A Chinese television show set during the country’s second world war battle with Japan has been cancelled after an outcry from nationalist critics who said it failed to respect history.
Thunderbolt Warrior, a drama about the Eighth Route Army, the main Communist forces that fought against the Japanese, was attacked online after it aired two weeks ago on Hunan television, one of China’s most popular channels.
Detractors of the show derided its editorial decision to cast young stars to play army leaders. They described the casting as excessive pandering to young viewers and said the portrayal of heroes as flirtatious, mansion-living, cigar-smoking and coffee-drinking hell-raisers was inaccurate if not “slanderous”.
The People’s Daily newspaper, the official Communist party mouthpiece, said in an editorial on Sunday that it was fine to appeal to young viewers “but respecting history is a prerequisite”.
The show was taken off streaming platforms on Monday and its staff released a long statement on Weibo, the Twitter-like microblog. They expressed “deep regret” but pointed out that many Communist leaders during the second world war were young and hot-blooded revolutionaries.
Since assuming power in 2012, President Xi Jinping has made official party historical narratives sacrosanct and warned against “historical nihilism”. In 2018, a law was passed criminalising the slander of “heroes and martyrs”.
The party has cracked down on official narratives as China moves to overtake the US as the largest entertainment market in the world.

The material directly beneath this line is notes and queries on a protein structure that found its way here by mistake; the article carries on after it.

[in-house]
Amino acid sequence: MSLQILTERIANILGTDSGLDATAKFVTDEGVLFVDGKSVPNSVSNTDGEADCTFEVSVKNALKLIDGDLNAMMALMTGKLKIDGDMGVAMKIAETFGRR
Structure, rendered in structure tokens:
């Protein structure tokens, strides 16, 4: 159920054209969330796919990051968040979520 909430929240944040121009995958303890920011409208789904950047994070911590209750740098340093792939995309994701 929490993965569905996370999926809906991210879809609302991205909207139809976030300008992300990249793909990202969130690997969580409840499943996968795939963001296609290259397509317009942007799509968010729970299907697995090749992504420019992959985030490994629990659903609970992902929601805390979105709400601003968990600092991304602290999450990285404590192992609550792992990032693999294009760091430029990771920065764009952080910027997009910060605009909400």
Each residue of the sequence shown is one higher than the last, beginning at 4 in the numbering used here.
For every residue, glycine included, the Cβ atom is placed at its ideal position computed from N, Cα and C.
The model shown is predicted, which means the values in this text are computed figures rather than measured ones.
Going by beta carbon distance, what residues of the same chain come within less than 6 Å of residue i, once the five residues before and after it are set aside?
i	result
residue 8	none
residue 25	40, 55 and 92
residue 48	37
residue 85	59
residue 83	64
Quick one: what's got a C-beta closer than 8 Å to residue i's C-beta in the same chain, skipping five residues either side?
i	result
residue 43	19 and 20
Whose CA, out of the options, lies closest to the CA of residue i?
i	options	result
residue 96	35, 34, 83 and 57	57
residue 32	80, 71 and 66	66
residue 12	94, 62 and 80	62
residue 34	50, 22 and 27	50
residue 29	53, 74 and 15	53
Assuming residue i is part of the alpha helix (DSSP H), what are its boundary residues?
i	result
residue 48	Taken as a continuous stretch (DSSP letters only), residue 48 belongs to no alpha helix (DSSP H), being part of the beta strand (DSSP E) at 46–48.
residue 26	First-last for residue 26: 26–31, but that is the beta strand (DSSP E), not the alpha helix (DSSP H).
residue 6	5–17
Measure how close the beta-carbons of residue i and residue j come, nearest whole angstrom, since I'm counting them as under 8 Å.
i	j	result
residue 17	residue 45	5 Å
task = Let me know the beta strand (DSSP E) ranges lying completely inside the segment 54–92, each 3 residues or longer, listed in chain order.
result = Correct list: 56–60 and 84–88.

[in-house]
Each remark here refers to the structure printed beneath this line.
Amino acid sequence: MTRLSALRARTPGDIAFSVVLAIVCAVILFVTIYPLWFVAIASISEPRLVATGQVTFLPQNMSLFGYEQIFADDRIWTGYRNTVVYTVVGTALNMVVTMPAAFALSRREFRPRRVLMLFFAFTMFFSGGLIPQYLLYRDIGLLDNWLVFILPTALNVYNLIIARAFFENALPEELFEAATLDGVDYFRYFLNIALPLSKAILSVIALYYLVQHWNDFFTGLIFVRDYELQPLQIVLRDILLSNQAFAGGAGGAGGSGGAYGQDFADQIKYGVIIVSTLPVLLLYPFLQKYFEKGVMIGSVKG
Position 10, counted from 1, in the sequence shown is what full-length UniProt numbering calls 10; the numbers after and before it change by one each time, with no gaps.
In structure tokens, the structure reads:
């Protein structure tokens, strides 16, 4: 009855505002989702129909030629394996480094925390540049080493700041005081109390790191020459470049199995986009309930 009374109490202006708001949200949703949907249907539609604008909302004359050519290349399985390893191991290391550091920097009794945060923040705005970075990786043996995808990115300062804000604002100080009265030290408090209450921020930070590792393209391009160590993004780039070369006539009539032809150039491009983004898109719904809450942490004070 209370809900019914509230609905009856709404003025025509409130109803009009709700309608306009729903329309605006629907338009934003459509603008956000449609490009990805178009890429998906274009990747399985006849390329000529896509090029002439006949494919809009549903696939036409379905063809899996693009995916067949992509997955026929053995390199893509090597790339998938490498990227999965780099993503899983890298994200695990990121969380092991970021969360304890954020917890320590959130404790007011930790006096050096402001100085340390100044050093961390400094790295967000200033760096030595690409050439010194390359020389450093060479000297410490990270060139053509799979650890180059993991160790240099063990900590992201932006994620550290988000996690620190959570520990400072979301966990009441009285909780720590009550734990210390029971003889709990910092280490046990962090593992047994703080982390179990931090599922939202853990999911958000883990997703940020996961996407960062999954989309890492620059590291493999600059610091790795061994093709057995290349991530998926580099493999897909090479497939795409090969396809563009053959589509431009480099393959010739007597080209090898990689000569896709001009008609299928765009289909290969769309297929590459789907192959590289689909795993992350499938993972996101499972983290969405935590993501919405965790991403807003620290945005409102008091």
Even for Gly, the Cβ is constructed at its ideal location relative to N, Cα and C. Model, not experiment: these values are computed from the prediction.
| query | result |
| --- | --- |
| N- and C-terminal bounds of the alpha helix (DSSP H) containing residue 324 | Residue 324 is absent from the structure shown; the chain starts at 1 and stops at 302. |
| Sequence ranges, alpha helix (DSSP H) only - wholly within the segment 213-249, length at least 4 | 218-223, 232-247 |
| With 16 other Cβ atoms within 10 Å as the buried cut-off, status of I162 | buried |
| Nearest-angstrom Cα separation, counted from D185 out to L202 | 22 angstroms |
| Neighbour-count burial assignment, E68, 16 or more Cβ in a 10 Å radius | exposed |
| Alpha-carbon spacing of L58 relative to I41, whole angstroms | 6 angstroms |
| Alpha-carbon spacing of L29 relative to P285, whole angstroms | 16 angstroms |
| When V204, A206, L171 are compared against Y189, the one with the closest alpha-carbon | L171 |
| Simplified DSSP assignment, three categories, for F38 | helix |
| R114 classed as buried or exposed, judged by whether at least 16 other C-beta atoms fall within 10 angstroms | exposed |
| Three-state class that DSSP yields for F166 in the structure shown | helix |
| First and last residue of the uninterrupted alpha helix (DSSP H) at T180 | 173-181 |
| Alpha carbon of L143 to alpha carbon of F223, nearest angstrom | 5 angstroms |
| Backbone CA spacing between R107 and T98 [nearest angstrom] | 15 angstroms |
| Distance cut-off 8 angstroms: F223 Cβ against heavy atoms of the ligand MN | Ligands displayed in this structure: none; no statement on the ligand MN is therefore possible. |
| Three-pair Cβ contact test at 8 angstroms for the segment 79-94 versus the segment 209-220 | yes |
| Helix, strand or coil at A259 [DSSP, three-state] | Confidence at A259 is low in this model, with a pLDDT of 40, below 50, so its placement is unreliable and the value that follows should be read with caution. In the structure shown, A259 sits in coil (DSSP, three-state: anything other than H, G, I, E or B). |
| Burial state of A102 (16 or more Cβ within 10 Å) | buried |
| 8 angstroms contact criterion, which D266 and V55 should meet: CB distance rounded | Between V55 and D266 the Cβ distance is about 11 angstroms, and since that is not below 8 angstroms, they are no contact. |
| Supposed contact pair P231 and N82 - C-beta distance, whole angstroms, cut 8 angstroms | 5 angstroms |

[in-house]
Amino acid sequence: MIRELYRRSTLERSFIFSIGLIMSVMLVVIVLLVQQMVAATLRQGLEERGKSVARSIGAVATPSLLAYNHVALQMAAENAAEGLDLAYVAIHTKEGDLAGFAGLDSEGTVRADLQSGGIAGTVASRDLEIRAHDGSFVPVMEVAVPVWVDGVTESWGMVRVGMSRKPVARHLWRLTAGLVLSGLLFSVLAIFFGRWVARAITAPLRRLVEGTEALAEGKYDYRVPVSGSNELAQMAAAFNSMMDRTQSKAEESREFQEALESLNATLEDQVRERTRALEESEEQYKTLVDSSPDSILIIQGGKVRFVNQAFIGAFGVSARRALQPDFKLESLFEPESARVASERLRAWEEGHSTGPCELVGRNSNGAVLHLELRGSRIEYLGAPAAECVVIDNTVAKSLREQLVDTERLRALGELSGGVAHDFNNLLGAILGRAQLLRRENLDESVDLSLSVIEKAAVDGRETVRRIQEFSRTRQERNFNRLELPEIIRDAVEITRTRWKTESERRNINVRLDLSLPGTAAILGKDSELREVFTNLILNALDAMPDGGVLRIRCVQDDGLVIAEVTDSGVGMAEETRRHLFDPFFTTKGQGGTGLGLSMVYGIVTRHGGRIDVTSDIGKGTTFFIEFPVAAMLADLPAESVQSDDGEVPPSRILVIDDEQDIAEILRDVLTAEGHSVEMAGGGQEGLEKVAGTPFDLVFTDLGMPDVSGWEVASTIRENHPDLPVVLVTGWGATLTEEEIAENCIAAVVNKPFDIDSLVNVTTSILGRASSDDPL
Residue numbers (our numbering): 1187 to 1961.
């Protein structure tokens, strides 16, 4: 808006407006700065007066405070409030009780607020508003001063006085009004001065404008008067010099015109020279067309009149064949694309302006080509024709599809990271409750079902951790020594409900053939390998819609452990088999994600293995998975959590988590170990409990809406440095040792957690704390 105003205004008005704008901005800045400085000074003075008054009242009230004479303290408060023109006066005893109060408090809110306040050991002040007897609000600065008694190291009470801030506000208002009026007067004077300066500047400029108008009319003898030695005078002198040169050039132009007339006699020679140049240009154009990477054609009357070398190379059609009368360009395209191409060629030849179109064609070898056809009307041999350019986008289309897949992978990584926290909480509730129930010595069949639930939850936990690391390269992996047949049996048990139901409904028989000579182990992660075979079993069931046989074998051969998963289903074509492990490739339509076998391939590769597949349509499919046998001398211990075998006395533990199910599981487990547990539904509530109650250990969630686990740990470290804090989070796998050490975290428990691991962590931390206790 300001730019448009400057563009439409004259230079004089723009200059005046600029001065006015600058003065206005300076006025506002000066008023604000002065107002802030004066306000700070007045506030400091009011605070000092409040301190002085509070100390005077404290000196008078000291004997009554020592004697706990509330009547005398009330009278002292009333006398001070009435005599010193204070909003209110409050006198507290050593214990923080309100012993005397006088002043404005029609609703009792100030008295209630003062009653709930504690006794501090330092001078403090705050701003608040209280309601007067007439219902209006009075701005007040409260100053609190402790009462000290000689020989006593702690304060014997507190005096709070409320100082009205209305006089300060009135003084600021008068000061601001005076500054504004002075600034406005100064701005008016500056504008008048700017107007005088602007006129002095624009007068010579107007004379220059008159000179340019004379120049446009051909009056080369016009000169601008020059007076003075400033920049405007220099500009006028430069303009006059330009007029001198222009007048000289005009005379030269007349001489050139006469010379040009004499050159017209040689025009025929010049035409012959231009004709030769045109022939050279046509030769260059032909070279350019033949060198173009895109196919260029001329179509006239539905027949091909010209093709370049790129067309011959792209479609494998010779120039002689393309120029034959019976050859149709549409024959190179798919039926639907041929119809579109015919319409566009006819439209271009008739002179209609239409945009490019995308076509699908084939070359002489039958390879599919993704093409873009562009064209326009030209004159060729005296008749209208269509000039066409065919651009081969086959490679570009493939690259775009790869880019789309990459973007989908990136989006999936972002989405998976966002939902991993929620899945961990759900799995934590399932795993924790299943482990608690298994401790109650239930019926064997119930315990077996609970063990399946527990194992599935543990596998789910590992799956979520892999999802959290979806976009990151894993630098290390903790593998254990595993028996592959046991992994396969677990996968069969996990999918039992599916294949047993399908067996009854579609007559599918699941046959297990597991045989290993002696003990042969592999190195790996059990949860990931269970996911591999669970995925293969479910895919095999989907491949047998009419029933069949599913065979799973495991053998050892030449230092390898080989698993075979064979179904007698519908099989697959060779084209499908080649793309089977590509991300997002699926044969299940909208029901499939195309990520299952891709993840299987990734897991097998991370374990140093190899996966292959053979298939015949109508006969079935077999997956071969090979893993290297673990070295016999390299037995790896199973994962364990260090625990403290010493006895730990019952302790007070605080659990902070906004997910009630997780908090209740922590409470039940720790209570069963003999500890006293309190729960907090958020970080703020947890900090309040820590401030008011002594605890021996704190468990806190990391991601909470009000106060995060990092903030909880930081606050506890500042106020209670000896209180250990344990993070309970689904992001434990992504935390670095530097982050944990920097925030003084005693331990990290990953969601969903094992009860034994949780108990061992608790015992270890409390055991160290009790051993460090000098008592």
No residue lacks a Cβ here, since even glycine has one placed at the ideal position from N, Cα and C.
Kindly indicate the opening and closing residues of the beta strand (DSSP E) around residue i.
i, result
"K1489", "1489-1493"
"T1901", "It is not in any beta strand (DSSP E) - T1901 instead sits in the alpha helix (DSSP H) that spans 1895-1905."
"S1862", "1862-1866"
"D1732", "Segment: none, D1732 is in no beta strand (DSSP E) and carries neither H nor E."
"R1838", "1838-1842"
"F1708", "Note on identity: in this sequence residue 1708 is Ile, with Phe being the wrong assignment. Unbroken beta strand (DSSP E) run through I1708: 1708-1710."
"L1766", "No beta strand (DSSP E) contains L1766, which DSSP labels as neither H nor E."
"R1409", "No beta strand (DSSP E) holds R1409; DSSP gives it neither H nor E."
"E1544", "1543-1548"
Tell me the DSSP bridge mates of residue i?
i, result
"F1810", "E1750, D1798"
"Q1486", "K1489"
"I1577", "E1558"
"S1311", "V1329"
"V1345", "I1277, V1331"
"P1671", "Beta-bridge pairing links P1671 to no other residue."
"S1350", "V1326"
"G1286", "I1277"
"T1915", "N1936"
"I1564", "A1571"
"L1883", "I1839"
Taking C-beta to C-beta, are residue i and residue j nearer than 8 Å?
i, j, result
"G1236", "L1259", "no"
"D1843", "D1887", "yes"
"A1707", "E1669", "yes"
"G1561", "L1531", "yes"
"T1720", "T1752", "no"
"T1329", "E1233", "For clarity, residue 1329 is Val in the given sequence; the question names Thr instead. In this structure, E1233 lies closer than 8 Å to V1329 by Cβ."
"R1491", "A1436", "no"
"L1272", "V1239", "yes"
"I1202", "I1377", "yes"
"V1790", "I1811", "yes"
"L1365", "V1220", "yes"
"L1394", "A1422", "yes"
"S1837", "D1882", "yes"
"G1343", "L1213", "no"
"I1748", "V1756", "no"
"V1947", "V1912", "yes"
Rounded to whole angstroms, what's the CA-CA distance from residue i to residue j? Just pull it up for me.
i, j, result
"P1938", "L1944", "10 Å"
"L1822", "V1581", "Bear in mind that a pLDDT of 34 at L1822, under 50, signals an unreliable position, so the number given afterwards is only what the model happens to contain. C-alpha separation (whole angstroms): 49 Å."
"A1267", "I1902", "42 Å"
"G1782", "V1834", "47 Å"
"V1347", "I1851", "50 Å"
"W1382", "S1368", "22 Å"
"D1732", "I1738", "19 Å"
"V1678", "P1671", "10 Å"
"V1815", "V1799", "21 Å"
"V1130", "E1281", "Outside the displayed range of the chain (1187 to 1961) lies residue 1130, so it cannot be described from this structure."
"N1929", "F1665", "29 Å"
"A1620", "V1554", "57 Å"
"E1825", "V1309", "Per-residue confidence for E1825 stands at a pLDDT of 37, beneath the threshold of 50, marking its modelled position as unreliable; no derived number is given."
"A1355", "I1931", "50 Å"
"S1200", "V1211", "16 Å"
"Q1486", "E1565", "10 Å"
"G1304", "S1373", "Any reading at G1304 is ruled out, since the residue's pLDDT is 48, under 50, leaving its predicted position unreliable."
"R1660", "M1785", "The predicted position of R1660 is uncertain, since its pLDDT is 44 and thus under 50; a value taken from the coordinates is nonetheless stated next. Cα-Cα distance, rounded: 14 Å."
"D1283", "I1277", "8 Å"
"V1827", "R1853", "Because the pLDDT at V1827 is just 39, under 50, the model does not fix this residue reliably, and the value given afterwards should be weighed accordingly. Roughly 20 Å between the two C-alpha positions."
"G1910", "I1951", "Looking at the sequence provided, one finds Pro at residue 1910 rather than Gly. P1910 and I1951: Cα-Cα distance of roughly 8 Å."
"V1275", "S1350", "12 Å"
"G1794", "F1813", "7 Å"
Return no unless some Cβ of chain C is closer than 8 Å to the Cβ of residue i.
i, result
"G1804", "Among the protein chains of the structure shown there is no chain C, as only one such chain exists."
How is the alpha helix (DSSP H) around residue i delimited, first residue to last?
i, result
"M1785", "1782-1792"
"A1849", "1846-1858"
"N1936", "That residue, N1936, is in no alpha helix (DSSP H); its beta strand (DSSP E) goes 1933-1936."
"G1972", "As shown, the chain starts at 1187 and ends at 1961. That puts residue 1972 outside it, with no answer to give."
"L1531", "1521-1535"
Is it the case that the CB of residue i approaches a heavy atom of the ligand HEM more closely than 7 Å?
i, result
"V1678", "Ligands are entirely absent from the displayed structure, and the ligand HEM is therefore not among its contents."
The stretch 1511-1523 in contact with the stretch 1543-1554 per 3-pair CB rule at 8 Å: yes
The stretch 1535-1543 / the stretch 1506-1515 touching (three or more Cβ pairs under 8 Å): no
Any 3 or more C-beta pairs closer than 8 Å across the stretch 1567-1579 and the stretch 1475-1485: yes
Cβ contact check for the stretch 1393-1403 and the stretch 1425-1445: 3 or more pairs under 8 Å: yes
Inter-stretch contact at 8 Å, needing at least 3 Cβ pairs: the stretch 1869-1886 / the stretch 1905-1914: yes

In October, Artisan Gateway, a consultancy, estimated that China’s 2020 box office had eclipsed the US. That gap was expected to grow for the remainder of the year, as cinemas return to full capacity in China while some US theatres remain closed owing to coronavirus.
Historical dramas featuring heroic troops are often big hits among Chinese viewers. In September, The Eight Hundred, a war epic about a band of soldiers who held off Japanese invaders in Shanghai, overtook Sony’s Bad Boys for Life to become the top grossing film of 2020.
The influence and size of China’s market — and its sensitivity to perceived slights to the country’s leadership or history — have made international production teams wary of angering Chinese audiences and censors.
But pandering to Chinese authorities has also exposed entertainment groups to criticism at home. Disney, the world’s largest entertainment company, came under fire after its live-action remake of Mulan filmed scenes in Xinjiang, just down the road from a extralegal “re-education” camp used to intern Uighurs and other mostly Muslim peoples.